Exclusive: High-powered, bigger capacity boats to match Chinese vessels in Pangong lake soon


Two dozen indigenously-built powerful boats with anti-ramming capabilities and enhanced capacity to accommodate additional troops will soon make their way to the Pangong Lake at 14,000 feet for patrolling, sources in the security establishment said.

The Indian Army uses boats patrolling but more are required to match the capabilities and strength of the boats used by the Chinese.

“The new boats will be stronger with more capacity and are being manufactured in India,” said an official privy to the developments.

The Indian Navy was consulted about the army’s new requirements, and need to ramp up the capabilities of boats was felt amid the current standoff after skirmishes between the Indian and Chinese troops took place at the lake, sources said.

The boats are used for patrolling the lake, while troops carry out foot patrols on the bank of the lake.

UPGRADED BOATS

Besides strength that is essential to withstand ramming, enhanced capacity is also required to ensure more troops can be sent for patrolling in these boats.

The Chinese often engage in aggressive manoeuvres in the lake, ramming Indian boats and causing damage to them.

Currently, the boats used by India can accommodate 10-12 soldiers but this could go up to 25-30 in the new boats, similar to the capacity of the Chinese boats.

The new boats will be high speed so that they can be pressed into action and quickly intercept Chinese incursions in the lake. Sources said the new boats should be ready for deployment within a year.

The Pangong Lake will be frozen in the winter for the next three months. By next summer when the patrols in the lake resume, the new boats are expected to be deployed.

The Chinese People’s Liberation Army Ground Force (PLAGF) naval wing uses the Type 928D boats as mainstay for patrolling over occupied Pangong Tso. The boats with a length of 13m have a beam of 3.8m and a draft of 1.8m can attain the speed of almost 40knots. The boats can carry 11-18 people with a crew. They have surface radar and a remote-controlled 12.7mm anti-aircraft gun on top. The boats also have two crew-served pedestals for machine guns. They have 3 x 300 HP propulsion that provides high speed over inland waters.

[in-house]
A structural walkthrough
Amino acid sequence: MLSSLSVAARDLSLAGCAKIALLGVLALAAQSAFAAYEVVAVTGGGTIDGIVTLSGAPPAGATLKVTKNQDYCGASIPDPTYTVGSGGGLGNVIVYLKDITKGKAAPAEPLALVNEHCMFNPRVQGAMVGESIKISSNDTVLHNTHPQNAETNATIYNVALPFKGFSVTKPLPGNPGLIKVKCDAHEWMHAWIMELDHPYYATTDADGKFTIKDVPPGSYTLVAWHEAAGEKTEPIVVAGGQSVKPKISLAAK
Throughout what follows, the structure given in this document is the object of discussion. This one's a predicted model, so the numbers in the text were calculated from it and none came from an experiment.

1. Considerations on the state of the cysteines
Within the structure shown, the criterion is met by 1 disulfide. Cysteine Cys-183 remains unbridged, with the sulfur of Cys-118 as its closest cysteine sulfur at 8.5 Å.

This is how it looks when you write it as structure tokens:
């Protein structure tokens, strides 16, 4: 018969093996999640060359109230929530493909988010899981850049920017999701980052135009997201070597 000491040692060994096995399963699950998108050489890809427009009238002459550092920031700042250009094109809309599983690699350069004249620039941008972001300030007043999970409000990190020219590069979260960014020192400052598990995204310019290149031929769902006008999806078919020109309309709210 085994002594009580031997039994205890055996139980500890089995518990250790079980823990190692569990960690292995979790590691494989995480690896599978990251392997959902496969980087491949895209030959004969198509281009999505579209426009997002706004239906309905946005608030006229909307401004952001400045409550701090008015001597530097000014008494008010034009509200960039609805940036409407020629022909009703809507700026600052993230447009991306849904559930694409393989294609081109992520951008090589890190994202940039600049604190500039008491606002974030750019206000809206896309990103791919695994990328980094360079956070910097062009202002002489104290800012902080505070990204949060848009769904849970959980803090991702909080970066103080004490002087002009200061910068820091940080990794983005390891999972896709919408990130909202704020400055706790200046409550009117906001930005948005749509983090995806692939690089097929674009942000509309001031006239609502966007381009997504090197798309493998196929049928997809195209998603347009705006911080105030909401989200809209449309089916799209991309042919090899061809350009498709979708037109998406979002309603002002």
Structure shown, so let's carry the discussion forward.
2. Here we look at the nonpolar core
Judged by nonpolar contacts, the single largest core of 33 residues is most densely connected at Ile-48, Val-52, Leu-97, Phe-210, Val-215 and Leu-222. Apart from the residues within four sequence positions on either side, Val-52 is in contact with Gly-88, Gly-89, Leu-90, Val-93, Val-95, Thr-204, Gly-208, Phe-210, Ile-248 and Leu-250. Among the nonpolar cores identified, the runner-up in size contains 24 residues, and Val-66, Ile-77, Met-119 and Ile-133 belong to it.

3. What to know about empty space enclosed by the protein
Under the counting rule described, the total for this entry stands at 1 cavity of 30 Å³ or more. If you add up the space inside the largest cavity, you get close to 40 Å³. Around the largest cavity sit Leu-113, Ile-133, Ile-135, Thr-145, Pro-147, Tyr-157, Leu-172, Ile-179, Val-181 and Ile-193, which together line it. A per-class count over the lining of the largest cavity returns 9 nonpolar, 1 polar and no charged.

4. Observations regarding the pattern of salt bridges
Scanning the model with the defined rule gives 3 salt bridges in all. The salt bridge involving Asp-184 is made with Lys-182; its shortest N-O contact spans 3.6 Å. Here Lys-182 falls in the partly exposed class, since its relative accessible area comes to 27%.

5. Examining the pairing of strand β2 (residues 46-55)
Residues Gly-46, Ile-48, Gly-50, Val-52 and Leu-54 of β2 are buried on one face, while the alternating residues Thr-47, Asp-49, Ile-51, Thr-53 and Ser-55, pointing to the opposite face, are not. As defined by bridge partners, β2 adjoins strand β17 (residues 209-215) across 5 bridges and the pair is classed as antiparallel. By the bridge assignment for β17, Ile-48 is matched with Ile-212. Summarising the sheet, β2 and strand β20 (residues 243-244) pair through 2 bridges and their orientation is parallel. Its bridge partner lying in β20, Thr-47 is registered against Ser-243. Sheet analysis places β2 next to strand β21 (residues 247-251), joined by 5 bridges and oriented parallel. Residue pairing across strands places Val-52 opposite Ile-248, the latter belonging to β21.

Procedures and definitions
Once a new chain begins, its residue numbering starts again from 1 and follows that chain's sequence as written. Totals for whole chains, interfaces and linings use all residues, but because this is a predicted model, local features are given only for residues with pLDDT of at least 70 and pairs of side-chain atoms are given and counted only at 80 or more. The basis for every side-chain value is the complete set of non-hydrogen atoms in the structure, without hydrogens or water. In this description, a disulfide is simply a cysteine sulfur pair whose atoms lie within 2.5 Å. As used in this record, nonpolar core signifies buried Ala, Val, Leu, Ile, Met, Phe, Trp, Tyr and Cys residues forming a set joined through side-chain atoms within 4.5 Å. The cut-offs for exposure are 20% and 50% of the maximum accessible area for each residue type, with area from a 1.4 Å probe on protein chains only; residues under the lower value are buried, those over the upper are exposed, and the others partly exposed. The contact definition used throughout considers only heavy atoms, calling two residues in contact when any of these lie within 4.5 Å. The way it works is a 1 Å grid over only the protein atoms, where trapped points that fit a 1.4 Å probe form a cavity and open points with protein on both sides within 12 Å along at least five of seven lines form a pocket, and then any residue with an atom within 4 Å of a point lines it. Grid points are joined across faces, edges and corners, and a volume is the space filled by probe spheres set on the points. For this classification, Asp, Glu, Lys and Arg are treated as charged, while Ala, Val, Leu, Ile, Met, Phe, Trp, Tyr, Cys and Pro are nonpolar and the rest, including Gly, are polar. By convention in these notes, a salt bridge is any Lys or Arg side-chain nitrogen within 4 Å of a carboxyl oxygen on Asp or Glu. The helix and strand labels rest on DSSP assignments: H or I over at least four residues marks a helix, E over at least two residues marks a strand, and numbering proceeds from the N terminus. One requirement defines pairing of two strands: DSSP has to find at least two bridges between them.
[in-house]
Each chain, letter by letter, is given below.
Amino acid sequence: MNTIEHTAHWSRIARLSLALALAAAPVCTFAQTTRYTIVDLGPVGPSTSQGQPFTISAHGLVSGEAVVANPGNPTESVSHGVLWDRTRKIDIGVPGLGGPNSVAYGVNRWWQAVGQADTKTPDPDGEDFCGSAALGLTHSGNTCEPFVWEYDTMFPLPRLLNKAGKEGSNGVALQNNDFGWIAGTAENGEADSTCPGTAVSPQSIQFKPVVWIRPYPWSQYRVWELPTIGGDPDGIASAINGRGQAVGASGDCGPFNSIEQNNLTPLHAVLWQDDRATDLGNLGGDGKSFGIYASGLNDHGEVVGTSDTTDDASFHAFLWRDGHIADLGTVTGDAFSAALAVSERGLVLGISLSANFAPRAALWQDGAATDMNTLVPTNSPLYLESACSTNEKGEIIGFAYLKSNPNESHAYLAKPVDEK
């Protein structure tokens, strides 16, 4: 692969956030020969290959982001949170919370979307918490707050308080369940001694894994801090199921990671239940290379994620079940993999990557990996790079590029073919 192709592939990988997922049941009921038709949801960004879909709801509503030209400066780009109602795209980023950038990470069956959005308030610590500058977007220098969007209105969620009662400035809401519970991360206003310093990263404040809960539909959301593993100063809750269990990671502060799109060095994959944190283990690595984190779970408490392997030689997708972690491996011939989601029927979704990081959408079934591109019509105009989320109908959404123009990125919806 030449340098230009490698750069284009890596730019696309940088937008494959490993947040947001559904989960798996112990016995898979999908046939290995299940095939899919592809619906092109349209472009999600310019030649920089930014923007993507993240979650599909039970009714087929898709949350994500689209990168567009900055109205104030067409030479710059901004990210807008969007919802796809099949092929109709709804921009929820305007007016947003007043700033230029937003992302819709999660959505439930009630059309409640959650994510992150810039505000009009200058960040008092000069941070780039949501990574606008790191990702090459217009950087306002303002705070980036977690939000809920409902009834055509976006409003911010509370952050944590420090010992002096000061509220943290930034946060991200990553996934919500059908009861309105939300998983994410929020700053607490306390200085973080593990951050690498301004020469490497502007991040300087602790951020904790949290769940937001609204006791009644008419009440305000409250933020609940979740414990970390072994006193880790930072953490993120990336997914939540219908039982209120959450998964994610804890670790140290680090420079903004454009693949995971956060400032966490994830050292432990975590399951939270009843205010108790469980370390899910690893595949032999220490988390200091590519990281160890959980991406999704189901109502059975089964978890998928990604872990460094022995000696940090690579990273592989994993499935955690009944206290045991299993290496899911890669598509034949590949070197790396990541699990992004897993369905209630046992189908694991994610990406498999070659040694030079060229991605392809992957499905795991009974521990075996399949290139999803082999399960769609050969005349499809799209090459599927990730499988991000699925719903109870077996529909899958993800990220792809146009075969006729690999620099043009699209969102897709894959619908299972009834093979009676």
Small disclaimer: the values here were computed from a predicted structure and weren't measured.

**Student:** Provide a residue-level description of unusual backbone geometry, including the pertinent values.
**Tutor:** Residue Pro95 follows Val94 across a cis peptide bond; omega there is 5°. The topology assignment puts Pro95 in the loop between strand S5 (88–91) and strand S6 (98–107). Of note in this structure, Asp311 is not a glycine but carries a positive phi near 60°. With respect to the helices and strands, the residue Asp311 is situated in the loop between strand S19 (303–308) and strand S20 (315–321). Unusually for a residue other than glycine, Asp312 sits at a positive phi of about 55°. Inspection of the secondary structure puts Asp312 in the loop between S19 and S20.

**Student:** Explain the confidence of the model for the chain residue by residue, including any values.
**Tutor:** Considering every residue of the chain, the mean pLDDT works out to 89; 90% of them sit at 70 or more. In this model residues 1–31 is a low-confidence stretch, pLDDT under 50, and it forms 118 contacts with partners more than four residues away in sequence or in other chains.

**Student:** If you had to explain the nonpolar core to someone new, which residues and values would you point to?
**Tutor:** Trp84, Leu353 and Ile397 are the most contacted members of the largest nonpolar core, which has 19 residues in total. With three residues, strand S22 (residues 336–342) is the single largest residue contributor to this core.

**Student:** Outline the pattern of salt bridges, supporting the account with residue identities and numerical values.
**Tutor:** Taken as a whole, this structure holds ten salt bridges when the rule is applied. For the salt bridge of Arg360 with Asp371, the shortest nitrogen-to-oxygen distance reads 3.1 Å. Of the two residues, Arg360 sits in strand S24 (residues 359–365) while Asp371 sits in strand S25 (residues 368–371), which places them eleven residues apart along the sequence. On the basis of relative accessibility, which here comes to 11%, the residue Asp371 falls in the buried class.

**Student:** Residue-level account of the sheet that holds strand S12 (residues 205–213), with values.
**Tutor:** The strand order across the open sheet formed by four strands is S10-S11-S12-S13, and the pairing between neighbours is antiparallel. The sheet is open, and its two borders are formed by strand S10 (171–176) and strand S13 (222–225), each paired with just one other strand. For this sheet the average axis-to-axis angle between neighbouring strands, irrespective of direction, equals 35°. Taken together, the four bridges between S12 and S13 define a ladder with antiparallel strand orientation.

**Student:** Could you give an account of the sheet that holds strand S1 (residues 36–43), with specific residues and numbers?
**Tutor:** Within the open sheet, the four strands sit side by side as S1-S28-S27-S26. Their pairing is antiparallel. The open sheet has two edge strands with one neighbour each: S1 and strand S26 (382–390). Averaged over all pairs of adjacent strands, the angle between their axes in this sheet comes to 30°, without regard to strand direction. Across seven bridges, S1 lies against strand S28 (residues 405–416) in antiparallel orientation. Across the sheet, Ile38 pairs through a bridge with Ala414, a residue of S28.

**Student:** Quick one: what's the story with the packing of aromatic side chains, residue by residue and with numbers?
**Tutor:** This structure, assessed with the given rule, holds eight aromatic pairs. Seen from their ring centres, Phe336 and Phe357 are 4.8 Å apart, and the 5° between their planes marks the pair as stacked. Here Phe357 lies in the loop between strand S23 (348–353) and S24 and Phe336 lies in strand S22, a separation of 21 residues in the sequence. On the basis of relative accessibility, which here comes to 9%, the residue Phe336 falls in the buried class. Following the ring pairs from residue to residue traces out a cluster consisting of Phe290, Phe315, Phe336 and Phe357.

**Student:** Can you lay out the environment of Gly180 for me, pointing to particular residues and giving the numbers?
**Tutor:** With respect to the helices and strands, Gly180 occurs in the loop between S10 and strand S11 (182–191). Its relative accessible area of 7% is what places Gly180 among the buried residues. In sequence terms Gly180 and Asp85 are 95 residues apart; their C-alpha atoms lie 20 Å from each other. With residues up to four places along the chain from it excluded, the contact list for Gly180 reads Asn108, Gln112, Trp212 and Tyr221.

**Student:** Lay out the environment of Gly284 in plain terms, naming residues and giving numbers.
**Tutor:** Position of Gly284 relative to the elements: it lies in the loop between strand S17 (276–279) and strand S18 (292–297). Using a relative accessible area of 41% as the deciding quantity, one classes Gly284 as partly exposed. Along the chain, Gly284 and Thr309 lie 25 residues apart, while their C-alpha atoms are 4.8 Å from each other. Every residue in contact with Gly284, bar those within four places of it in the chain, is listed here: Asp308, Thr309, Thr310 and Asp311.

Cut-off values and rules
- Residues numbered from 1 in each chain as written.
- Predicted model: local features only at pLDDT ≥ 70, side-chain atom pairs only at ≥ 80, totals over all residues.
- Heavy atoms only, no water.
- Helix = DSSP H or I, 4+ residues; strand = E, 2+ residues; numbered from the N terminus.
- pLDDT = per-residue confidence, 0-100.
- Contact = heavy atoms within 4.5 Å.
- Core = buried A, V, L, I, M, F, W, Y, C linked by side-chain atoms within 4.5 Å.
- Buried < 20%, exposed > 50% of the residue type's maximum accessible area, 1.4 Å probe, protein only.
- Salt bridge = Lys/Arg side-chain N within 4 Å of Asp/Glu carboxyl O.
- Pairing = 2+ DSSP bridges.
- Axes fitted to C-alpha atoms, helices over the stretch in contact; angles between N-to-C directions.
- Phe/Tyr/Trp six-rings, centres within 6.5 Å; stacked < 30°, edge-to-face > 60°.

BOATS KEY TO ASSERT CLAIM IN DISPUTED LAKE

The need to upgrade boats used for patrolling the Pangong Lake was felt in wake of the military tussle between Indian and Chinese troops and the continued standoff across the Line of Actual Control in eastern Ladakh that started early May.

The confrontations began in the Pangong Lake, both in the waters and the bank, as Chinese incursions increased. Two-thirds of the 134km-long disputed lake is in Chinese control. Effectively, India controls about 45km of the lake.

The contentious area of the lake is divided into eight fingers with India claiming territory up to Finger 8. Mountain spurs jutting into the lake are referred to as fingers in military parlance to describe the features.

The face-offs happen when Indian patrols go beyond Finger 4 and the Chinese also make incursions trying to come up to Finger 2. On the northern bank of the lake that has been the focus of the current friction, the Chinese built a road till Finger 4 back in 1999 and stop Indian foot patrols from crossing it.

The Indians don’t have the luxury of a road as it ends 1 km before Finger 4.

In such a scenario with the standoff on the bank and mountain ridges continuing, more boats with enhanced features and capacity could be used by Indian troops to assert its claim till Finger 8, officials in the security establishment feel.

CURRENT TENSIONS

India and China have been involved in an over seven-month-long tussle in Ladakh with both sides bringing in heavy deployment of troops, artillery guns, tanks and armoured vehicles in close proximity.

The tensions started with skirmishes in Pangong Lake in May when troops came to blows on more than one occasion, leaving many injured on both sides. On June 15, 20 Indian soldiers died in an ugly clash in another area called the Galwan Valley, while the Chinese never made their casualty public.

There have been eight rounds of military talks at the Corps Commander level to find a solution to the standoff but the deadlock continues.

Despite the previous talks on November 6 discussing a disengagement plan, there has been no forward movement. No further dialogue has taken place to implement measures discussed to ease out tensions.



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